A Labour Market Report published earlier this year has estimated that an additional 15,000 fully qualified electricians will be required in the next five years, thanks to predicted growth in the construction industry. The research goes on to further suggest that even with a 33% increase in the number of new apprentices (approximately 5,000 more than currently qualify) there would still be a shortage of up to 10,000 electricians. While the report concentrated solely on new demand thanks to sector expansion, here at Trade Skills 4U we’ve previously covered how an aging workforce could lead to a shortage of electricians.
The JIB’s own Labour Report from 2012 noted that almost 20% of electricians registered with them were over 56 years old, whilst research compiled by Pye Tait showed;
– 450 electrotechnical companies surveyed
– These accounted for 19,000 employees
– Largest proportion workforce is between 25 and 49 years old
– Only 15% of the workforce in England and Wales are under the age of 25
The lack of apprentices
The number of apprentices currently recruited each year is insufficient to replace retirees while still meeting increased demands. Those employers surveyed cited various barriers to further recruitment. They believe more needs to be done to widen the potential pool of applicants as well as the calibre and diversity of new entrants. For example, through further development of alternative routes into the industry for college leavers, career changers and others from older age groups, such as the Trade Skills 4U C&G 2365 Level 2 & 3 Diploma.
Thanks to the report and its findings, The Electrotechnical Skills Partnership is now developing an industry action plan to tackle the issues raised. Work includes the development of new careers resources, promotion of industry-recognised qualifications and activity to forge closer ties with both public and private further education. TESP was formed in 2014 in response to changes in the skills landscape, notably a desire from the government to put education and training firmly in the hands of employers.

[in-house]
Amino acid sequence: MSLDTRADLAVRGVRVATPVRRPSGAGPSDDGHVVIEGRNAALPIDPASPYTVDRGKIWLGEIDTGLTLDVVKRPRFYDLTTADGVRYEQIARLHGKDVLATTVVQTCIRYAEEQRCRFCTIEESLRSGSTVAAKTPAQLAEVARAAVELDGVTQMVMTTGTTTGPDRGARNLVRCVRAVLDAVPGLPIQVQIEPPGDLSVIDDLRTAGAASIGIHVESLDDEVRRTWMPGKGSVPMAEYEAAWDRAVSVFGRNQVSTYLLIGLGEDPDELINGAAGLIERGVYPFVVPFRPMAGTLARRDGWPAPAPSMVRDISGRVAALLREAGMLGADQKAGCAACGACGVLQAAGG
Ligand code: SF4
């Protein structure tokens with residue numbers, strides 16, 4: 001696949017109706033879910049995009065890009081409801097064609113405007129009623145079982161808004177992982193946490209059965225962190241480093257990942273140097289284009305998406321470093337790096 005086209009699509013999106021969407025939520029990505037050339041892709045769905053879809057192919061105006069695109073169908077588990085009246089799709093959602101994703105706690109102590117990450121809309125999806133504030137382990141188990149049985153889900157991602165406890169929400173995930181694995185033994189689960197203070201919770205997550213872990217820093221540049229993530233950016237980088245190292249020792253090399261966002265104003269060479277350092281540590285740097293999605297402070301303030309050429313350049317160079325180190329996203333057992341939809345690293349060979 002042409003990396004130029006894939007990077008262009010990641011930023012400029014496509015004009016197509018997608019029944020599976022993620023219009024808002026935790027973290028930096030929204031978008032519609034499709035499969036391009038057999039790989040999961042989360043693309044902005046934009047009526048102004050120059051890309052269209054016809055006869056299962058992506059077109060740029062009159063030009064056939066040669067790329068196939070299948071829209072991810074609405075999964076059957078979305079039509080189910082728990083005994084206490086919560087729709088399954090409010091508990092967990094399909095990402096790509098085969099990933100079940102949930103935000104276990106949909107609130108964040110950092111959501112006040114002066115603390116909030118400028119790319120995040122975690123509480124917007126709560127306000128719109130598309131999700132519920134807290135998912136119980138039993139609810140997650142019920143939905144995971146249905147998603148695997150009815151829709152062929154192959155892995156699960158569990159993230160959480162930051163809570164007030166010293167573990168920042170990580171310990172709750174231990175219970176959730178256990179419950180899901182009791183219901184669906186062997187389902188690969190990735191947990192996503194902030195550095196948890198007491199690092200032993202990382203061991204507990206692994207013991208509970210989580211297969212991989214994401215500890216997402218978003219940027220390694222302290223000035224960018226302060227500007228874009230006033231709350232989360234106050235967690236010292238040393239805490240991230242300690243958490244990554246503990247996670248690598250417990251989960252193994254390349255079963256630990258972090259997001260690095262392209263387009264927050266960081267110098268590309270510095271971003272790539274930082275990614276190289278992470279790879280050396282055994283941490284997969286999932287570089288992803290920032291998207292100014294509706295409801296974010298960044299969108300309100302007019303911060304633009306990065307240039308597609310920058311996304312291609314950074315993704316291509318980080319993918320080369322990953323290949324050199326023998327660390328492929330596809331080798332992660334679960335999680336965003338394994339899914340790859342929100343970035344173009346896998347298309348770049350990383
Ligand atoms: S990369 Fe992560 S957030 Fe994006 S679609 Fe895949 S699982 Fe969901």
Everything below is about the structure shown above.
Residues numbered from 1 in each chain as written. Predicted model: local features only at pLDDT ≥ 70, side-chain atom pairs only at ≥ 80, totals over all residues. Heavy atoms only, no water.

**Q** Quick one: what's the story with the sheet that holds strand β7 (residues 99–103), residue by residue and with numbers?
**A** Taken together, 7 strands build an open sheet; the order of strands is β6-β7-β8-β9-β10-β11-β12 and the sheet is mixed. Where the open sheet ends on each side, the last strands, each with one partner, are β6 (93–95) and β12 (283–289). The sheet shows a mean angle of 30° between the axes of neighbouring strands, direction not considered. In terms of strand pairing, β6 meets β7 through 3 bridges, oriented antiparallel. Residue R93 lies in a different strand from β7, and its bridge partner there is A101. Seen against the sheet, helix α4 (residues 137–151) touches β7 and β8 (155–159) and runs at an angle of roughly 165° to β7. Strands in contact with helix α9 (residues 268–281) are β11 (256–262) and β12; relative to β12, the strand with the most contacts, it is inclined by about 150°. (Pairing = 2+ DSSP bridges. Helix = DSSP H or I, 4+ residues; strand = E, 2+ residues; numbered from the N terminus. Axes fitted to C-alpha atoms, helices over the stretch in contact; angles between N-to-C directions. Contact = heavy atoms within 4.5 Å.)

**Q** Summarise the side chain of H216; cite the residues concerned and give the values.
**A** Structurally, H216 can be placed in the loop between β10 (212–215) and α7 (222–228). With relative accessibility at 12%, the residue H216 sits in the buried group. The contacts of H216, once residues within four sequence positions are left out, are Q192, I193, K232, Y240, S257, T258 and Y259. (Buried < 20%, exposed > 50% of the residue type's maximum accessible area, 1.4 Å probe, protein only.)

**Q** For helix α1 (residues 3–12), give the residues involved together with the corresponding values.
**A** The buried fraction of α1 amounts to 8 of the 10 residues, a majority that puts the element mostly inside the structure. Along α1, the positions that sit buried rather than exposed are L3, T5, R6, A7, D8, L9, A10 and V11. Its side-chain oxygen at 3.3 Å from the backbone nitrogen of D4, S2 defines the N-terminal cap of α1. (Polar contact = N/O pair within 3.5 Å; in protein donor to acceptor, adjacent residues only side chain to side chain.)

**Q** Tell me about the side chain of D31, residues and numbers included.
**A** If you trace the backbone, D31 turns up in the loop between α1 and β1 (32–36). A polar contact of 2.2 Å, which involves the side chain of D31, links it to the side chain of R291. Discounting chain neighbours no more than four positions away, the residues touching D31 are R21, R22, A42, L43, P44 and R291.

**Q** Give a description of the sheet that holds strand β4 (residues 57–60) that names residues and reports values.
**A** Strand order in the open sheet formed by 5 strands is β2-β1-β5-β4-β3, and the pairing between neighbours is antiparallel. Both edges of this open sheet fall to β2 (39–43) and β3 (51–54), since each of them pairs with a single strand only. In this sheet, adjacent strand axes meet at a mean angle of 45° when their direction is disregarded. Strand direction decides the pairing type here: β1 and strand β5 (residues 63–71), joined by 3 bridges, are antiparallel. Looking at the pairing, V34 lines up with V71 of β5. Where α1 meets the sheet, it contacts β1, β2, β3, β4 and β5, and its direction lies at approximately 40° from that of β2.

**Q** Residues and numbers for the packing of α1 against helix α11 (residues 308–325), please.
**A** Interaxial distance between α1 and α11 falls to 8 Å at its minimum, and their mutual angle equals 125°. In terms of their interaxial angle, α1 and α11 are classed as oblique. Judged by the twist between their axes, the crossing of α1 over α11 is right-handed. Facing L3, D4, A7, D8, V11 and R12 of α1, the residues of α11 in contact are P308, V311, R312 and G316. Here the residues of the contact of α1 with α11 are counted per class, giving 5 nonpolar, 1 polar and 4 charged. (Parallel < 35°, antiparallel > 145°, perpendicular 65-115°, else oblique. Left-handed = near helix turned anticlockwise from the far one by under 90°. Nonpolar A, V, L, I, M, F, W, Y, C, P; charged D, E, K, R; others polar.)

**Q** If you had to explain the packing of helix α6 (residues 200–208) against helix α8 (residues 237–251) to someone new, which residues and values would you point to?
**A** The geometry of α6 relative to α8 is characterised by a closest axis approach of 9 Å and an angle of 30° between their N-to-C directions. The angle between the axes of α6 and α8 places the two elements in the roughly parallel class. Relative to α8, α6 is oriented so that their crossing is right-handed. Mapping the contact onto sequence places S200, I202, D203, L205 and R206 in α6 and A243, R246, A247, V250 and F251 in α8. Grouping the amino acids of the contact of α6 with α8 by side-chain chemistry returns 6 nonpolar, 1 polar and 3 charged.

Ruth Devine, chair of TESP, said: “Future success will hinge on the active participation and support of other stakeholders, including Government departments and agencies, training providers, and other sector bodies”.
It’s no secret that the construction sector in the UK has been in the grips of a prolonged skills shortage in recent years. While the shortage hit its worst recorded level in early 2018, it is expected to further decline over the coming years.
Difficulty in recruiting
The Federation of Master Builders has found that construction companies have been struggling to recruit skilled tradespeople such as electricians, with demand for these skills far outstripping supply. As a result of this skills gap, the FMB said that wages are rising sharply for skilled trades. This is certainly supported by the Trade Skills 4U Annual Salary Survey, which found the average annual earnings for an electrician in 2018 was £30,784 – higher than any other discipline in the construction trade.
According to Brian Berry, chief executive of the FMB, “the lack of sufficient skilled tradespeople contrasts sharply with the government’s ambitious target of building 300,000 homes every year in England alone”.
Opportunities for development
Steve Brawley, JIB Chief Executive said of the report “apprenticeships and programmes to upgrade the skills of individuals already working in our industry are the key to success” while Ian Woodland, National Officer for Construction at Unite the Union said “As well as increasing opportunities for young people to enter the industry into highly skilled, well-paid jobs, the need to bridge skills gaps and address the continuing professional development of the existing workforce is important.”
With this in mind, Trade Skills 4U not only offers courses for new entrants and career changers, our Business Division offers bespoke courses for companies who need to upskill or re-skill existing electrical staff.